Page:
Ludum Dare 37 - Domain

I competed in Ludum Dare #37 in December, where you create a game from scratch in 48 hours. This was a rough one - it came right at the end of the semester, which is tricky, and it was also happening right after my wife had surgery, so I was focused on her needs first. The theme was one I'd voted against - "One Room." Many creators just ignored the theme, or made whatever game they wanted as long as it nominally fit in one space. Only a few really integrated it. That made for a lot of similar games, all limited in scope. So, not the greatest competition topic, I think.

I had a hard time figuring out a concept, but I ended up making a game which was a tank game, but in a weird world where you're trapped in a room and just shoot the walls, not at other tanks. I thought it came out OK, although I didn't have much time for polish. I did it using Unity, which I've been experimenting with for a few years, as opposed to CraftyJS, which I used for my previous three games. I turned it in a few hours early, actually, so it's not as polished as I could have gotten if I'd ignored the rest of my life, but that wasn't in the cards.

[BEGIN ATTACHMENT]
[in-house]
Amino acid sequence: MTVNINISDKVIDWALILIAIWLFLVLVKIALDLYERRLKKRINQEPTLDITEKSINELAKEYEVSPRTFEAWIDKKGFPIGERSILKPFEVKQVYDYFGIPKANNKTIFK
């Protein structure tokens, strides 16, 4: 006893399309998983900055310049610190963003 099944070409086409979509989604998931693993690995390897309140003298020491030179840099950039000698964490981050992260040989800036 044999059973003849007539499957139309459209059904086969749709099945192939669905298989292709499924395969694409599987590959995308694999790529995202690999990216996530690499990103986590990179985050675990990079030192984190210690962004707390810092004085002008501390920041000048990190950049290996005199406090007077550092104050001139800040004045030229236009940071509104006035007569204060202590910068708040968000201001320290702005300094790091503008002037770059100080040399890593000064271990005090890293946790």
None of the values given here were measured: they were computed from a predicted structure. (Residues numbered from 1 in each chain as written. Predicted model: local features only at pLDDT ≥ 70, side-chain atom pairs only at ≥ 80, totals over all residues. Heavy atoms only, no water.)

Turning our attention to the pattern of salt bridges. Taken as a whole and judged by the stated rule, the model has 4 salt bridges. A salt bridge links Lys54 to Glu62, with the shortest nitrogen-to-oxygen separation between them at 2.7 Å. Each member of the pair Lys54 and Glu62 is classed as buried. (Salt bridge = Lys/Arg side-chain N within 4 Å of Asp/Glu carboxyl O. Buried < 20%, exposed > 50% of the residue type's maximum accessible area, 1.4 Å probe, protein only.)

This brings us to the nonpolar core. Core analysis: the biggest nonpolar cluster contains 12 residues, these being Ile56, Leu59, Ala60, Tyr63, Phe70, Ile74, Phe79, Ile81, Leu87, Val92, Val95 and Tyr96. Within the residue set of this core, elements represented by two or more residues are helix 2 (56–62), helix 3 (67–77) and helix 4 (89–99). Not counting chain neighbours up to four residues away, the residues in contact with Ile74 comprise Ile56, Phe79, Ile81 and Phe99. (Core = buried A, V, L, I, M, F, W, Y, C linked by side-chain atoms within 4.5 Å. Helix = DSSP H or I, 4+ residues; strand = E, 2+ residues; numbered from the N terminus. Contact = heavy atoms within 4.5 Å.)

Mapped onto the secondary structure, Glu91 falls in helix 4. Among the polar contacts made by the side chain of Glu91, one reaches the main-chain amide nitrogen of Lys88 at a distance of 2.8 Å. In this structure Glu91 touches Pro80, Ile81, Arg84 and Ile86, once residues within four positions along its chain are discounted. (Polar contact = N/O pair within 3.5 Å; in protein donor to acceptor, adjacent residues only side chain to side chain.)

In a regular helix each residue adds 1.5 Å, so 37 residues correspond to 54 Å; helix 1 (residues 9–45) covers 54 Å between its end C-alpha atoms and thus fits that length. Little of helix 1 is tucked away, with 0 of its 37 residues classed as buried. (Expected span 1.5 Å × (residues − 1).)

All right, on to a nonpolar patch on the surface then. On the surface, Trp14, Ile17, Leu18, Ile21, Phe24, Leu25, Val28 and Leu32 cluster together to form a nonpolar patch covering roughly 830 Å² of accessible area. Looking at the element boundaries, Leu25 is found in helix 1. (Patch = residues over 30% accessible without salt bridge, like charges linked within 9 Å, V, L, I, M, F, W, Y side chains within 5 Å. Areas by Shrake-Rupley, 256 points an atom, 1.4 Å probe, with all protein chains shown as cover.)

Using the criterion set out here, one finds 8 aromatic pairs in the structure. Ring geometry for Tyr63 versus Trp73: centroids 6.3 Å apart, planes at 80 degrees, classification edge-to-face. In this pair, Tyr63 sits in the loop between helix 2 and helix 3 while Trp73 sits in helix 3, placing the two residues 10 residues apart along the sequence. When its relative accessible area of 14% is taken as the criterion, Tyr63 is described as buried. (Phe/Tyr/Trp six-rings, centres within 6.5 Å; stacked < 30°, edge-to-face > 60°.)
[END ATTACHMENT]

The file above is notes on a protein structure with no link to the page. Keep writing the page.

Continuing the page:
The game, called Domain, is playable on the web here. Let me know what you think. I did OK on the ratings - made the top 100 games, sitting at about the 90th percentile of the 901 games submitted for the single-author competition. My competition page (with rankings) is here.

Tuesday, May 21, 2013

Ludum Dare 26 Results

Here are my results from the Ludum Dare competition this time around.  Not as good as the last time, but better than my first entry.  My audio didn't work on Firefox for the first period of the judging, so that may have hurt me a little bit (probably not much, since Chrome is more common for LD users and only about half the ratings came in while it was broken).